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Old 03-18-2015, 04:54 PM
Ray Cover Ray Cover is offline
Join Date: Apr 2006
Location: Missouri
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Default Ray Cover templates sharpening tutorial

Hey folks,

A few folks have been after me to do tutorial on how to use the Ray Cover set of templates Steve has for sale. So... I am going to try and do that here.

I ask that everyone refrain from questions, comments etc until the end. By waiting until the end it will keep the tutorial cleaner and uncluttered. More importantly it will allow me to keep my train of thought so I can finish this in one evening and get it done.

It is a really simple set of templates and I will try to be as straight forward as I can with the explanations.

I am going to start with the tapering template since that one seems to give people fits for some reason.

In this tutorial the captions are UNDER the pictures not on top of them. So anything said refers to the picture above unless otherwise noted. I also want to point out that the pics are taken with a graver that has already been made. I just did not have time to actually make a graver as I went with the pictures.

First we set the length that the graver sticks out of the fixture using the measuring tube, just like you do with any of the other Lindsay style templates.

The use of this template is pretty basic. It simply tapers the top and sides of a graver blank down to the desired size. You can use this template to taper any graver to any size face you want no matter what Lindsay template was used to make the graver. This template is made to put approximately a 5 degree taper on the sides and top of the graver blank. There are two long sides to this template that taper the sides The picture above shows one of the long sides being used to taper one side and the picture below shows the other long side being used to taper the other side.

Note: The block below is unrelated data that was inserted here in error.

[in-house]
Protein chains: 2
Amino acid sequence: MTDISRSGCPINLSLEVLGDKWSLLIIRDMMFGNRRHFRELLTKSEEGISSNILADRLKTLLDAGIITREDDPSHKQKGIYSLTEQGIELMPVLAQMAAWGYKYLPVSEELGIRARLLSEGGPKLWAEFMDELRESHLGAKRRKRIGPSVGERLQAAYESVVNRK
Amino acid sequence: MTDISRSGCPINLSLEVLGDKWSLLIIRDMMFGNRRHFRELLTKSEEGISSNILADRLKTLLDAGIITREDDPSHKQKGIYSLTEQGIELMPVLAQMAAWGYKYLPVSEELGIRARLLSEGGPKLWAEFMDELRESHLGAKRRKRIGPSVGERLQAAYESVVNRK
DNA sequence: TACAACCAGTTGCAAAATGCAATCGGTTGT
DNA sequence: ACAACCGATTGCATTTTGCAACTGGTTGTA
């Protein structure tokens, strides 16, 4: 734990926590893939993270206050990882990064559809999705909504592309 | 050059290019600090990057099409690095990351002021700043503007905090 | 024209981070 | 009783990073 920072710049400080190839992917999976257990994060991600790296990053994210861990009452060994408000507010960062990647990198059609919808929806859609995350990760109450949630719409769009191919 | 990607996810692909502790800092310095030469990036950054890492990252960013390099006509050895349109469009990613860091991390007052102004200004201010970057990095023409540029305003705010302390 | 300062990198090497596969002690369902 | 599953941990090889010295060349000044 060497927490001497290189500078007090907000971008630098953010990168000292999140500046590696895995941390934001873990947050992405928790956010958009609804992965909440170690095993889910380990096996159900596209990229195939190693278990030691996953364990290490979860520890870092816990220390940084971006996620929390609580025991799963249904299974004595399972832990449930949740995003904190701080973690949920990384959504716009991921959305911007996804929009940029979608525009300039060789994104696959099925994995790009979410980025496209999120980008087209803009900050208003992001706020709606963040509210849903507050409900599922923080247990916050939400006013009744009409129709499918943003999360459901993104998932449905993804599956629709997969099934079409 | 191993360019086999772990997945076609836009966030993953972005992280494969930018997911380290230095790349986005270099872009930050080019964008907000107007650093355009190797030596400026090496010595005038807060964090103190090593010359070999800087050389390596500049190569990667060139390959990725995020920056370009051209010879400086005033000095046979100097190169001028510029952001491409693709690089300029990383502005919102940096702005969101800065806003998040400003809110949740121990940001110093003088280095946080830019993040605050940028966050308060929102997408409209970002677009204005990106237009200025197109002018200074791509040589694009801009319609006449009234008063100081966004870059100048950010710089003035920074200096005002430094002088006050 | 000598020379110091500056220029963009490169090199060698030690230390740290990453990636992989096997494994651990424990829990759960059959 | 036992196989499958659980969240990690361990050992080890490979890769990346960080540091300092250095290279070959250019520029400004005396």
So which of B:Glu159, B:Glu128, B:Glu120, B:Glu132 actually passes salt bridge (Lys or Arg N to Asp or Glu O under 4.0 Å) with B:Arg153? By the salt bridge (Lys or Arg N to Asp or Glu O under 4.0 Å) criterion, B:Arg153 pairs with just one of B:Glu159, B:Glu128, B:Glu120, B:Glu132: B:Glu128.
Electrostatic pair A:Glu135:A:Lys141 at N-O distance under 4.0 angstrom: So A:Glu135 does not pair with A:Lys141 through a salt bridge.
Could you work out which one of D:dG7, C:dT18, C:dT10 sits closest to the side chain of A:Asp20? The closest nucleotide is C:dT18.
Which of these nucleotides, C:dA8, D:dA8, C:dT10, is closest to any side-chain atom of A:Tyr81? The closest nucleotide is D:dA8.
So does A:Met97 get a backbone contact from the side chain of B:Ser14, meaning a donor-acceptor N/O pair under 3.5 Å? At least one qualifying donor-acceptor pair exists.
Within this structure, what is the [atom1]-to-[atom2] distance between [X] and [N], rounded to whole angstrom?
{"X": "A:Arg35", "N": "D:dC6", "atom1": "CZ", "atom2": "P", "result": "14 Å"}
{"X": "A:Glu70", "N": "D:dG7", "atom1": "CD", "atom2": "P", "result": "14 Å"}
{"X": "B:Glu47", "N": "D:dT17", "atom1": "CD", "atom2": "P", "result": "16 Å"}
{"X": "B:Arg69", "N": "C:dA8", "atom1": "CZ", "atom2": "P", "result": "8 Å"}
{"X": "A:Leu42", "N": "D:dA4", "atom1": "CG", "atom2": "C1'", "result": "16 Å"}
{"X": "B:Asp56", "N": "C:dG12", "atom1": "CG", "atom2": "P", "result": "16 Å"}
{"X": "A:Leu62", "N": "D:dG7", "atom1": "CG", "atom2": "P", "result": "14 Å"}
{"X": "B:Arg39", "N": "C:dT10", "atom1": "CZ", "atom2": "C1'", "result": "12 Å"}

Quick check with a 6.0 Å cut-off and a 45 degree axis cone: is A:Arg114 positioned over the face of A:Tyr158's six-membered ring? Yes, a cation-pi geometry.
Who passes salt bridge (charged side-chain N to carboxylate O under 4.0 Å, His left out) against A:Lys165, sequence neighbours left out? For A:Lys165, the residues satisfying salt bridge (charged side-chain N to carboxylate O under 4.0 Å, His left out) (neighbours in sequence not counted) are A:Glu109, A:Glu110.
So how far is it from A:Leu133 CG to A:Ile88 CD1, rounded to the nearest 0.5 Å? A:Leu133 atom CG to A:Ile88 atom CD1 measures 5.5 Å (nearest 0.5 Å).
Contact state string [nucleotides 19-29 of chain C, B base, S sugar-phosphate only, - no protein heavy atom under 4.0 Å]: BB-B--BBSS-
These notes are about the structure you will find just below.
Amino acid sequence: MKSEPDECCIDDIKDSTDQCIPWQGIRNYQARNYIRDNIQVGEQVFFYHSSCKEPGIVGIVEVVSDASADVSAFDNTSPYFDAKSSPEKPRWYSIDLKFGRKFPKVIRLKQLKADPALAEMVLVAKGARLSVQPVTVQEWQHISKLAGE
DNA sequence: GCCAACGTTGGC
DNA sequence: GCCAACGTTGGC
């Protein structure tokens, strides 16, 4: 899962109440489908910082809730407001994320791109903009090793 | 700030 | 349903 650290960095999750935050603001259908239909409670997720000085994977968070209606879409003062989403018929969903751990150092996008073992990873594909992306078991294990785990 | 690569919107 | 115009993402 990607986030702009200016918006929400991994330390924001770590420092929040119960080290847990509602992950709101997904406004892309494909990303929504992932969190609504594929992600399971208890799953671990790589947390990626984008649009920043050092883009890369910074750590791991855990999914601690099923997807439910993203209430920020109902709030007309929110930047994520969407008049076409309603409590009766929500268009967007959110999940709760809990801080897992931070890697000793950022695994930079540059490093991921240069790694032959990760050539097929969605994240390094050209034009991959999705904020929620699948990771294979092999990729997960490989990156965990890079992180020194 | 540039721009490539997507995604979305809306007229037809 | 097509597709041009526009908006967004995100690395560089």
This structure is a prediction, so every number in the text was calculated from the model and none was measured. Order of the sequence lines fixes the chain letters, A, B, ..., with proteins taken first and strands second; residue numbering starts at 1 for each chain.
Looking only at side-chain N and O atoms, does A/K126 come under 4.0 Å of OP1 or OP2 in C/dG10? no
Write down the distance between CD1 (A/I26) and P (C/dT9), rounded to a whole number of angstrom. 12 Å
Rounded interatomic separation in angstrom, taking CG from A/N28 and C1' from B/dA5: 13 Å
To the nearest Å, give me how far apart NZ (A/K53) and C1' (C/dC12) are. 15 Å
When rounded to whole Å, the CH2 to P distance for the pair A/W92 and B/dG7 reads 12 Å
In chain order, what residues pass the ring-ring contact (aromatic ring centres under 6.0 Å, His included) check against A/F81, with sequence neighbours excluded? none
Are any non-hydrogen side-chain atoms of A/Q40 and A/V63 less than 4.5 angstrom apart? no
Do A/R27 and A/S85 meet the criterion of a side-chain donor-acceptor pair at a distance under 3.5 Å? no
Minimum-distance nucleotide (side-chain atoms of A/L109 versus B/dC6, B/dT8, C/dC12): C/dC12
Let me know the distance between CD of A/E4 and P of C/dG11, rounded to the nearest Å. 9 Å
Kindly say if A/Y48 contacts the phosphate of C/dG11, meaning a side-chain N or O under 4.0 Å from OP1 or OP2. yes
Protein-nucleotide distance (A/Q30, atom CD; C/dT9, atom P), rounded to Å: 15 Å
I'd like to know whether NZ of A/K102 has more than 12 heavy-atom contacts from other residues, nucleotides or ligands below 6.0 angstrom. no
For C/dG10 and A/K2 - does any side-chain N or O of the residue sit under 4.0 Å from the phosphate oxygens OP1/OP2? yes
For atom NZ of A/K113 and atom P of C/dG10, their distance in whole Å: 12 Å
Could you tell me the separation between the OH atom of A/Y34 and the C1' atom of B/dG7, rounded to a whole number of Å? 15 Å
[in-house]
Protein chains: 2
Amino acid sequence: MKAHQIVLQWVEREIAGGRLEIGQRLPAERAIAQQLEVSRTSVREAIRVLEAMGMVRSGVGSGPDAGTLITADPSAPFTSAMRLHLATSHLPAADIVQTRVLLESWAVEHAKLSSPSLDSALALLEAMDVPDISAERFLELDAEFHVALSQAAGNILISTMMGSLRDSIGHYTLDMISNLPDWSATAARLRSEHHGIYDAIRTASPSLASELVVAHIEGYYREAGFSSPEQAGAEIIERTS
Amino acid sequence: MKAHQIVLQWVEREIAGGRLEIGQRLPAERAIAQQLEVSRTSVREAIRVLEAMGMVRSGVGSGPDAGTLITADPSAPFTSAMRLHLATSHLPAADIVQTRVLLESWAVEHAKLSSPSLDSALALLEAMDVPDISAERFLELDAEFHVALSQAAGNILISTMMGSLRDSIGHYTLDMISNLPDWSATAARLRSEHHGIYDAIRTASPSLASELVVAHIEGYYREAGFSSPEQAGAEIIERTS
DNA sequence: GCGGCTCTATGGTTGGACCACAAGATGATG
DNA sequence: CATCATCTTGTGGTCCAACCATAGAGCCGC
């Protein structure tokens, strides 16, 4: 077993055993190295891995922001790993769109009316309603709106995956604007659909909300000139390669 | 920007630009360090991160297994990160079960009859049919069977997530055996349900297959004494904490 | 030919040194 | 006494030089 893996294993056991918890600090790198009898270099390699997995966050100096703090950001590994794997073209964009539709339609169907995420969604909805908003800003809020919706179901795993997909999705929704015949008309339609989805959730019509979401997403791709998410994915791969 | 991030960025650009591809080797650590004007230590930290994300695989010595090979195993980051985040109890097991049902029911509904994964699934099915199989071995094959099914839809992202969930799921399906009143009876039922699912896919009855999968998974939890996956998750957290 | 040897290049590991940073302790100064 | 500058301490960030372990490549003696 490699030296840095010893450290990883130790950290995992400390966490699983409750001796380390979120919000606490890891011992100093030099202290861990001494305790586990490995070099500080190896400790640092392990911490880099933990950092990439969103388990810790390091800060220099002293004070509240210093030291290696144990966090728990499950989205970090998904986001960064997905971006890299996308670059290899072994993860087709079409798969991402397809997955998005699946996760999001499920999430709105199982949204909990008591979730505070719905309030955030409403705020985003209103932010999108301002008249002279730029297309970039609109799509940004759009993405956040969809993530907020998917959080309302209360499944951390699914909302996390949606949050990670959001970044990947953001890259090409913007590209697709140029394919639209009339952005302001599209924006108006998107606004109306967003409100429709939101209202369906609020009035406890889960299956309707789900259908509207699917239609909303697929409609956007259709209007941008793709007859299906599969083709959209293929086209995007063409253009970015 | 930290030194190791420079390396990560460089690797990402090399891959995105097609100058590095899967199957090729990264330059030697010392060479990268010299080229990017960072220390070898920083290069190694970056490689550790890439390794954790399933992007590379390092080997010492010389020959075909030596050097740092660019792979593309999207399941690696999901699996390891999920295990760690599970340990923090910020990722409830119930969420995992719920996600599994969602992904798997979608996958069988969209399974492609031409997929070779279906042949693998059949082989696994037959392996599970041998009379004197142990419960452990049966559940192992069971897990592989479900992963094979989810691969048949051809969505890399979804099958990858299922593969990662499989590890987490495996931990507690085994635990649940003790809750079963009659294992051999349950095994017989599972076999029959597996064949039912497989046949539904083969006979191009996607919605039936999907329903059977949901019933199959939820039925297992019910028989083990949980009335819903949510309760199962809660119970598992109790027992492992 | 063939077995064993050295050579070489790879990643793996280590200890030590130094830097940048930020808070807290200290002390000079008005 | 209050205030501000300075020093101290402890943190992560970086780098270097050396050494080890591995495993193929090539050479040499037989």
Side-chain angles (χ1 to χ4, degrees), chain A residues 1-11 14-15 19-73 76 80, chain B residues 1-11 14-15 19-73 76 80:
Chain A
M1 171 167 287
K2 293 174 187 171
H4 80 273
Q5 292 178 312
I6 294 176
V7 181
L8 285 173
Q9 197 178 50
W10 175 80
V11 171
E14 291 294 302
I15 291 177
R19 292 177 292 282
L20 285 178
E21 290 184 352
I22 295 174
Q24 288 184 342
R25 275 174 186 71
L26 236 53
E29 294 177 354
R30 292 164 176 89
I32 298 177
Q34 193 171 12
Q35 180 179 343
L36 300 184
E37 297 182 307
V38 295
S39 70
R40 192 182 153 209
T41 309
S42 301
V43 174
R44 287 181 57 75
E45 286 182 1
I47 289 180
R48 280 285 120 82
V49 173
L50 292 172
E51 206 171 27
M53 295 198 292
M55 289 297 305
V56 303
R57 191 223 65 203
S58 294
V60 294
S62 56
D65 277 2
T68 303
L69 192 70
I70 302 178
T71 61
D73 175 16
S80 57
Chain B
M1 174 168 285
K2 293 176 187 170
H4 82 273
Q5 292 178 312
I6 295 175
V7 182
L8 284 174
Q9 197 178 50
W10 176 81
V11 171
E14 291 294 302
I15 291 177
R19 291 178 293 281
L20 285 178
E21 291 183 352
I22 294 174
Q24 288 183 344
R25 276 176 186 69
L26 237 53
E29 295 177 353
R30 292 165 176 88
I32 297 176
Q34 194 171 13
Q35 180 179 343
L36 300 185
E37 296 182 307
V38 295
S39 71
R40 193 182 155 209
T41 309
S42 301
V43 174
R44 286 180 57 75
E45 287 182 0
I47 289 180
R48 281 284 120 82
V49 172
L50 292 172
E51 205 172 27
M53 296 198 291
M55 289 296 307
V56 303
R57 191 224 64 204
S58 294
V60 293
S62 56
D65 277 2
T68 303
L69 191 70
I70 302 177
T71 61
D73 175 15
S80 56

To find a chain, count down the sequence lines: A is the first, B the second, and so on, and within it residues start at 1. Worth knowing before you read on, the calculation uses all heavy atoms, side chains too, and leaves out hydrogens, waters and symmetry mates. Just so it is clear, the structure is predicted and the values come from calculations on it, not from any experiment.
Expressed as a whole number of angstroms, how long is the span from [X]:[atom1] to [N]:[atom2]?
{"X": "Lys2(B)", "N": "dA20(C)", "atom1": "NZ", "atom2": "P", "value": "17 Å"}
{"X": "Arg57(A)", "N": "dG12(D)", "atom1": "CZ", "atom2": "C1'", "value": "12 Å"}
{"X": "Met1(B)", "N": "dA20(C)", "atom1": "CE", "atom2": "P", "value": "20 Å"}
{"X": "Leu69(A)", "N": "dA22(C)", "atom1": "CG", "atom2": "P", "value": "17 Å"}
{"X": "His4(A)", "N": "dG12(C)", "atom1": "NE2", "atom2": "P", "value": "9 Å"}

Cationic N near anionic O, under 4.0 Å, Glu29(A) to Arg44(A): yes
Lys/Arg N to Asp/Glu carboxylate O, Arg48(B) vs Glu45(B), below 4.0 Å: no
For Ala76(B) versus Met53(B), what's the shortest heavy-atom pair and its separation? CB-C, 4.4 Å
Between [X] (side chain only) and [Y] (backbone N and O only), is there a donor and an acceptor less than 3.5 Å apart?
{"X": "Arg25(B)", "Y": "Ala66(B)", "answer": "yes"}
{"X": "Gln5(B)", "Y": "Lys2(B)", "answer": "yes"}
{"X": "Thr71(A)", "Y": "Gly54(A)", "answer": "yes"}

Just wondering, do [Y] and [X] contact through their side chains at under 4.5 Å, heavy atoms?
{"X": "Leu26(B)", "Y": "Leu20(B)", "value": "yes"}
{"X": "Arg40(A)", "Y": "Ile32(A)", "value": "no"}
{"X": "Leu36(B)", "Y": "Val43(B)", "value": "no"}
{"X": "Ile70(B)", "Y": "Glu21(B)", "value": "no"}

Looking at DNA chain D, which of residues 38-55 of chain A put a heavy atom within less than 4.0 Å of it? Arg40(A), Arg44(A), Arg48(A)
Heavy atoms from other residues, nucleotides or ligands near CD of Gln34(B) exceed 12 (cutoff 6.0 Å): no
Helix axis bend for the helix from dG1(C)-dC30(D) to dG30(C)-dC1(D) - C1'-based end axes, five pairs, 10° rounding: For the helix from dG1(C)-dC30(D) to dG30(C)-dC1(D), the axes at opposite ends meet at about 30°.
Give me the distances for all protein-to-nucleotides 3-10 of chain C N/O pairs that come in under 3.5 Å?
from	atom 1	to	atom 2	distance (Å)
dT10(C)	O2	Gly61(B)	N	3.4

Please note: It is important to try and keep your graver symmetrical or the same distance from the center-line on each side. Always check this at the face of your graver. Students often hand me a graver and ask if its OK. I hand it back to them and tell them they have one side bigger than the other and they can't see it. The reason they don't see it is because they are looking at the distance they ground back toward the butt of the graver on each side thinking that if it the grind is the same distance back on each side it is the same width from side to side on the face. This usually isn't true. For this to be true EVERY aspect of the set up has to be set perfectly. The top of the hone has to be perfectly flat. The diamond lap has to be perfectly parallel with the top of the hone. the spindle of the hone has to be perfectly square to the top of the hone. The arbor on that spindle has to be perfectly square to the spindle. The laps can have no warp or flex to them at all. That is a lot of perfection that just usually doesn't happen in real life. To check your symmetry, put your graver under a loupe, magnifier, or microscope and look at the face to make sure each side is the same distance form the centerline running down the belly (or the the same distance from the point if you have already ground the face).

The short side shown being used above tapers the top of the graver. That pretty much sums up the taper template.
Attached Images
File Type: jpg taper1.jpg (50.5 KB, 0 views)
File Type: jpg taper2.jpg (44.8 KB, 0 views)
File Type: jpg taper3.jpg (49.5 KB, 0 views)
File Type: jpg taper4.jpg (48.9 KB, 0 views)
Ray Cover
School of Fine Art Engraving
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